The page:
Canucks Roll Call is assessing every player who held a significant place in the fortunes of the 2021-22 Vancouver Canucks season. We’ll be looking at the highs and lows they experienced during the last campaign, as well as what the future holds for them in Vancouver. Today we feature Canucks captain Bo Horvat.
2021-22 totals (GP-G-A-P): 70-31-21-52, 40 PIM
Contract Status: One year remaining on a six-year deal that paid him an average of $5.5-million per season. He’s an unrestricted free agent (UFA) at the end of the 2022-’23 season if he doesn’t sign a contract extension.
We waited a long time to profile the Canucks captain in this series. It wasn’t on purpose, it just happened, and now it seems the ‘Bo Horvat roll call’ is rather poignant.
We did the J.T. Miller roll call way back on June 4th and it turned out to be remarkably accurate, despite thinking at that point Horvat would have a contract by now and Miller’s future might still be unknown.
Well, well, here we are.
Neither Vancouver Canucks General Manager Patrik Allvin nor Horvat’s representative Pat Morris are giving anything away in terms of contract negotiations. This could actually drag on until Thanksgiving, just before the start of the season, just when everyone wants and needs peace of mind heading into the start.
Let’s gun for that.
Meanwhile, Horvat is coming off a career year goals-wise, with 31. He tied his third highest point total for a season with 52. That’s out of eight seasons. How time flies despite the fact the club wasn’t necessarily having much fun.
While Horvat is a popular leader within the room, a face-off guru, and a stalwart power-forward of sorts in the centre position, his teams haven’t done so well. Naturally, he can’t foot the blame for only two playoff appearances during his tenure, not in the ultimate team sport, but he is a common denominator with those losing ways. An unfortunate burden.
Horvat showed his true colours and determination during Vancouver’s frantic push for the playoffs. In the month of April prior to getting hurt 8:16 into playing time on April 14th, Horvat pounded home five goals and eight points during the five Canucks games in April.
Outside of the aforementioned performance in the clutch, Horvat had another eight points over a five game stretch that started on February 28th. Extended, that run actually featured 14 points over a ten game period. It was after a Covid break in January during the second half that Horvat clearly played his best hockey.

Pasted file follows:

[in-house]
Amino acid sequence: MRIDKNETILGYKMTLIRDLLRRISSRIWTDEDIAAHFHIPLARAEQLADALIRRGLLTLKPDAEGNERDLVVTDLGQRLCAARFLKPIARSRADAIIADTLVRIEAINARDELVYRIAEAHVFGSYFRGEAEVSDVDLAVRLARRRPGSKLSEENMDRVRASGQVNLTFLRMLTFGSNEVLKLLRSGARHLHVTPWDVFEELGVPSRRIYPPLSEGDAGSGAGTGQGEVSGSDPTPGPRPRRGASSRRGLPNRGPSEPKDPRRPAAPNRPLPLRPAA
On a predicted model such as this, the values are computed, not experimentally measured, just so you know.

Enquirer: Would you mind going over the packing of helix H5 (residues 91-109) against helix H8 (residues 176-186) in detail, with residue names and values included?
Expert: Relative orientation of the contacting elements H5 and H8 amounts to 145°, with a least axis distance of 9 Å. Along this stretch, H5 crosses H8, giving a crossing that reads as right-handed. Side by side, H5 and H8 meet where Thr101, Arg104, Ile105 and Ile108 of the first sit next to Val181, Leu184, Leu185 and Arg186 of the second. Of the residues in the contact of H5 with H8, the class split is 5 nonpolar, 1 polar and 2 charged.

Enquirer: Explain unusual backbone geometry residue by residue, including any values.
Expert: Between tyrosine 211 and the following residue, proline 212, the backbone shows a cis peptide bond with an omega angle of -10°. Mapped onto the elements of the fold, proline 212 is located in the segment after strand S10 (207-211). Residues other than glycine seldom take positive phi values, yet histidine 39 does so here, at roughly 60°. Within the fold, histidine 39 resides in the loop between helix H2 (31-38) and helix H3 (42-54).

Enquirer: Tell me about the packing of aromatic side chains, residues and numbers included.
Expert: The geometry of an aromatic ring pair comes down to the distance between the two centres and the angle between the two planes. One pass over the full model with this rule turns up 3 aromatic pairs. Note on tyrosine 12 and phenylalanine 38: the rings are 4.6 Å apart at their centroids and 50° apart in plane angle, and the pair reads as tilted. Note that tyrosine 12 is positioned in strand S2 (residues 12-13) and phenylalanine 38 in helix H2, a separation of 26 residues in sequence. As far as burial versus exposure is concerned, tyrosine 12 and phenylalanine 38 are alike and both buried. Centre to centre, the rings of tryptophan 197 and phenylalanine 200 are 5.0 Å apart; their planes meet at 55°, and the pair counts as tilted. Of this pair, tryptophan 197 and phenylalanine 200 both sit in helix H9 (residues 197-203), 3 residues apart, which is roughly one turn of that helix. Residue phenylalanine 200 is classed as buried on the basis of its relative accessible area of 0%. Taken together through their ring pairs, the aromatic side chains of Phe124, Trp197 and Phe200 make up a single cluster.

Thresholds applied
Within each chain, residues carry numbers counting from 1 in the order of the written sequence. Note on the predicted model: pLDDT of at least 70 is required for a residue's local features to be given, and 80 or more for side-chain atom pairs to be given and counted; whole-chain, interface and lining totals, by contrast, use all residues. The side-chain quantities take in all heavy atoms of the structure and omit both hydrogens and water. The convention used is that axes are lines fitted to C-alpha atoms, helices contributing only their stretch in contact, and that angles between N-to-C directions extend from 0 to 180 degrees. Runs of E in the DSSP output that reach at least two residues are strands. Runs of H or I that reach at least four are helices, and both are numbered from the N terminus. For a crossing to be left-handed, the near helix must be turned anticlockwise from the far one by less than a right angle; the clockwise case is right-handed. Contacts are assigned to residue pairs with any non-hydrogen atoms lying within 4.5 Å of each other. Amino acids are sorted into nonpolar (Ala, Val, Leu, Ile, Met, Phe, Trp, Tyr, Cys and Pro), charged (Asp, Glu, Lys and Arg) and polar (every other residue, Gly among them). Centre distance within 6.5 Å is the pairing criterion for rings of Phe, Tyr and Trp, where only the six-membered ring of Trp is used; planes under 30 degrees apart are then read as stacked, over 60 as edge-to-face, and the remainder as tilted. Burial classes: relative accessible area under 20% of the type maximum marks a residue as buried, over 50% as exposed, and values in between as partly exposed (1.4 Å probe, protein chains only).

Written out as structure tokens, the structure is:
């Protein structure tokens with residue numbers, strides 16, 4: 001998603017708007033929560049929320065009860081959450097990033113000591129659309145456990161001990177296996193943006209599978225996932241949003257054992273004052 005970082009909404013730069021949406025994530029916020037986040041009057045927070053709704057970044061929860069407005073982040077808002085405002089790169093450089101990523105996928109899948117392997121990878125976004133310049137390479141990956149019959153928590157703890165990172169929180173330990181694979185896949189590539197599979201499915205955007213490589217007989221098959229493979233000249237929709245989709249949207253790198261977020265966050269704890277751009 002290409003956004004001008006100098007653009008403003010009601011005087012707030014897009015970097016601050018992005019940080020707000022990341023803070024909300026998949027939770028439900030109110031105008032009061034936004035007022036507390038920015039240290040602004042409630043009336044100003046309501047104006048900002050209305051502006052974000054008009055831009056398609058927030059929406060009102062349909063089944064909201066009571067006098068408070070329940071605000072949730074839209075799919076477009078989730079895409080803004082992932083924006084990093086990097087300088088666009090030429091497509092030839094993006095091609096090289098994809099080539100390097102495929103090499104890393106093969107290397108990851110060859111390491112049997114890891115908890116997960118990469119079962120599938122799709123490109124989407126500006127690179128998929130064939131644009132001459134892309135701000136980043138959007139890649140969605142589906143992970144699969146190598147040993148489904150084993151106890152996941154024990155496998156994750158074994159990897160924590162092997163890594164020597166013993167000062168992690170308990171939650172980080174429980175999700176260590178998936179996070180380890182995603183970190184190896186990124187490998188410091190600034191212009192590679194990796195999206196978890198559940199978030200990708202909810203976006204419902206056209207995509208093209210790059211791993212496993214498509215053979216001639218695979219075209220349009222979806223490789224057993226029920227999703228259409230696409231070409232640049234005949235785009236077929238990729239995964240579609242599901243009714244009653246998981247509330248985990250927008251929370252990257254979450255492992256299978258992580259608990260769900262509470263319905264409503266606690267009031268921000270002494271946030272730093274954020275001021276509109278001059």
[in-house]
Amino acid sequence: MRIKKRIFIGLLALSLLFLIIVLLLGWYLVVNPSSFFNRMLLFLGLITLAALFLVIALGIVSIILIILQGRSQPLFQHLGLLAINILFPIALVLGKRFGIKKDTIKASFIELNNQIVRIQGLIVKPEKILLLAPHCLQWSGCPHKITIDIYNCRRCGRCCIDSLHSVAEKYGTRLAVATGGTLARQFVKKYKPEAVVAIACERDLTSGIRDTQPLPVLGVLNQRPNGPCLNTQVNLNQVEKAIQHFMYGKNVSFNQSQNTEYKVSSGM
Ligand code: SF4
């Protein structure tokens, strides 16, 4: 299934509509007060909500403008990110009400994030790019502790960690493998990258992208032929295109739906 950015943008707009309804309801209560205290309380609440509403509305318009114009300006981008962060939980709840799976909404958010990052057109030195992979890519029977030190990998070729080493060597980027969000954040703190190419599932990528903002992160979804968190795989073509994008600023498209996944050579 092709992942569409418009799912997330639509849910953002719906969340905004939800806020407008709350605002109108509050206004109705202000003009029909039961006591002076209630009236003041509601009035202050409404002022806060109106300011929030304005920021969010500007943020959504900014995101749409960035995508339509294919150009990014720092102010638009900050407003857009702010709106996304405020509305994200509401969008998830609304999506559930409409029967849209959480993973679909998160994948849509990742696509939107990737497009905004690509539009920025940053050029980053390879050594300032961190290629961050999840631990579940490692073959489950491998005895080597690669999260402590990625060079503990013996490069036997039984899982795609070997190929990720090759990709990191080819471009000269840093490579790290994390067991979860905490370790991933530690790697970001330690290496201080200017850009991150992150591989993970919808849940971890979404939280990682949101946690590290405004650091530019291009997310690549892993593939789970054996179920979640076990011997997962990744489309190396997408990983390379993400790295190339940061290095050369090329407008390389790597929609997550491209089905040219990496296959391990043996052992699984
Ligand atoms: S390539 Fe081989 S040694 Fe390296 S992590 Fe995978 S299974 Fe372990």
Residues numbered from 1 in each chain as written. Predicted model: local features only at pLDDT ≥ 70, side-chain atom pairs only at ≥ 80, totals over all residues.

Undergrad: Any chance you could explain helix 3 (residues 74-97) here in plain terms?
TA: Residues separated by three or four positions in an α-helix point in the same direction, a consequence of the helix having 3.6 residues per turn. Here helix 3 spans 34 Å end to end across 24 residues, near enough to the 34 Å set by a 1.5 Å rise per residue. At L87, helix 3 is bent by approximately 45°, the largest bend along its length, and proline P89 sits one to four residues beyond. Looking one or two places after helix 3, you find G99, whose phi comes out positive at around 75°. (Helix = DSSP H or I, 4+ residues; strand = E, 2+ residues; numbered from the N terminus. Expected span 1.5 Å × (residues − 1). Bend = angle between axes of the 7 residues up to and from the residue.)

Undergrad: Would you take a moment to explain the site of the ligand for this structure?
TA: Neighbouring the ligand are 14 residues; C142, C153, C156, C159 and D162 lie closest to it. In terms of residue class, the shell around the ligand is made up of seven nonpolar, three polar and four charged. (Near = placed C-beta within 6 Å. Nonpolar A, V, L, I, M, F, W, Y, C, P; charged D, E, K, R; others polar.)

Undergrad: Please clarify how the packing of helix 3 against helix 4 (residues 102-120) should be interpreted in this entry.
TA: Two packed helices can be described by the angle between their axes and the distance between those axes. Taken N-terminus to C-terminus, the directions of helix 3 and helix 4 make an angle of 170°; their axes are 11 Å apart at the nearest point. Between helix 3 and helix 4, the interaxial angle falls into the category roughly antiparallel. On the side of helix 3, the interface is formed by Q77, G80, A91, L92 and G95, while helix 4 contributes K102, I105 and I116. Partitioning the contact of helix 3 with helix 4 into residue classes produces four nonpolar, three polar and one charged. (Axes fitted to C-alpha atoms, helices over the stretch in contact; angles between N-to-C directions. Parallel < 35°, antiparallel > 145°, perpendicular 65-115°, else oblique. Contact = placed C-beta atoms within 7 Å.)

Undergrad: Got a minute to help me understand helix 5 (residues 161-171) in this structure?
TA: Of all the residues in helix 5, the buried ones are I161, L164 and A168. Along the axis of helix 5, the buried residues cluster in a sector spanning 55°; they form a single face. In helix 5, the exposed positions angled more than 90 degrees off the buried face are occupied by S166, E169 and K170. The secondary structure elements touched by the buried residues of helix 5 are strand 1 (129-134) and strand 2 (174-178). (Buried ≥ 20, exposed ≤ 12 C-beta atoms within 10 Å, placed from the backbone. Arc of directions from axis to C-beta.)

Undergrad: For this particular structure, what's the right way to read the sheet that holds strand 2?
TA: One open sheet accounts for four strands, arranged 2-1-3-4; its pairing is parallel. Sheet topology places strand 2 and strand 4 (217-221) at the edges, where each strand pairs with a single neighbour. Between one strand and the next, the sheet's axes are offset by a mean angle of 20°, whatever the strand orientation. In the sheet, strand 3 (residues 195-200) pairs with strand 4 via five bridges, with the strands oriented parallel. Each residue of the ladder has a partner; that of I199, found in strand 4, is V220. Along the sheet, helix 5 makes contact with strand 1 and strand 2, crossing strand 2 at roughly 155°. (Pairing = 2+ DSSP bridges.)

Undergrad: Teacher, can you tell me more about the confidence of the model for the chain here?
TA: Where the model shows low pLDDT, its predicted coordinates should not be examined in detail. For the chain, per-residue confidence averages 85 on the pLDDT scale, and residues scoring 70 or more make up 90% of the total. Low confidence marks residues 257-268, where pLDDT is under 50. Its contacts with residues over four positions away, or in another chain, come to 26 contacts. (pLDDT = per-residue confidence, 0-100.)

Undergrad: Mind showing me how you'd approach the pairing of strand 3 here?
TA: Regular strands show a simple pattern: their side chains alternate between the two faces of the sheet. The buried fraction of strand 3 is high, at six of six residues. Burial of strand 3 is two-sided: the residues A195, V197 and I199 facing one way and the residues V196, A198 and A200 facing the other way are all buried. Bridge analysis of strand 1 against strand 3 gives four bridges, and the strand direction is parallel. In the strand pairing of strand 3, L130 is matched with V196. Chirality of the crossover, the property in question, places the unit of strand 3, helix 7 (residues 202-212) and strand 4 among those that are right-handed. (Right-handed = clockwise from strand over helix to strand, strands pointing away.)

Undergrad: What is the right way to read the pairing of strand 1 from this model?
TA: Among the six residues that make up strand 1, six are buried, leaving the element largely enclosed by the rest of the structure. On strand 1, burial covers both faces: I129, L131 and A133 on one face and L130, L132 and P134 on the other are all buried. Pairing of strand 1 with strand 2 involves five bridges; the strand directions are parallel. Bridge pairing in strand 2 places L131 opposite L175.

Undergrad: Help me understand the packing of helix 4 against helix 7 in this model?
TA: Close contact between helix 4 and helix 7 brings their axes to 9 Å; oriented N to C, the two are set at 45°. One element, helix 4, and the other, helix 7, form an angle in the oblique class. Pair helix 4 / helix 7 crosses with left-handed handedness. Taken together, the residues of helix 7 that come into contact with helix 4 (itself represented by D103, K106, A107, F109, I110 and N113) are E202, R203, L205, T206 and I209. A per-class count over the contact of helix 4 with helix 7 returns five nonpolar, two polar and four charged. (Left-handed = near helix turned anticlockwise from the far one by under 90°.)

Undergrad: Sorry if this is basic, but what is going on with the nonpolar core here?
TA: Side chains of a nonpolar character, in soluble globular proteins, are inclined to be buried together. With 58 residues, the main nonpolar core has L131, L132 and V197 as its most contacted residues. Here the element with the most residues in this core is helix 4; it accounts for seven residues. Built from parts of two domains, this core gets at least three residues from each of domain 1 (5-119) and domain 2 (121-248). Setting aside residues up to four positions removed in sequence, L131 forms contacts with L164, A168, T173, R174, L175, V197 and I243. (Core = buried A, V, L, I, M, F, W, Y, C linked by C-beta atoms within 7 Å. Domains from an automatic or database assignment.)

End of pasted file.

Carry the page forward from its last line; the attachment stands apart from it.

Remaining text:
The true lowlight of the season for Horvat came completely outside of his control, other than trying to block a shot. When the Anton Stralman slapper broke Horvat’s tibia, it ended the captain’s season, right in the middle of the final stretch drive. He missed the final seven games and the club was officially eliminated with him out of the line-up.
“That sucked,” he said after the season.
Nor can you blame him for the brief Covid protocol absence, just like you can’t blame any of the other Canucks. We quickly forget, it definitely wasn’t as screwy as the season before it, but 2021′-22 from a logistical standpoint and a pandemic standpoint was still a bizarre pain in the butt.
VHN would prefer a little less in-game shmoozy-smooze with the opposition, particularly as team captain, but that’s just us. I reckon that makes us dinosaurs.
What the future holds
Horvat will sign with the Canucks. The sooner the better, but again, this could drag on tight to the season. I don’t think the club nor the player will want it to drag on as a distraction and I wouldn’t expect Horvat to declare talks done once the season starts. The advice from his agent, what really matters, might be different.
The 27-year-old, two years younger than Miller, is eligible for an eight-year commitment. Rather than make a prediction, how about posing a question? Should the Canucks hitch their wagon to the Miller / Horvat train for the next seven seasons? Depending on the length of a potential no-move clause, that’s a big commitment.
Horvat is in his prime. From a physical standpoint, from an effort standpoint, the Canucks could do a whole lot worse. BC native Steve Yzerman didn’t win a Stanley Cup as captain until his 14th season in Detroit. Eventual Bruins captain Patrice Bergeron won a Stanley Cup in his eighth year in Boston (one of them being the lock-out).
One option would be to give the players and fans in Vancouver some continuity and community, try to build something with the present core. Meaning it might be time to hitch that wagon.
Other Roll Calls:
Conor Garland – June 19th
Thatcher Demko – June 6th
Jason Dickinson – June 10th
Tyler Myers – July 19th
Tanner Pearson – June 28th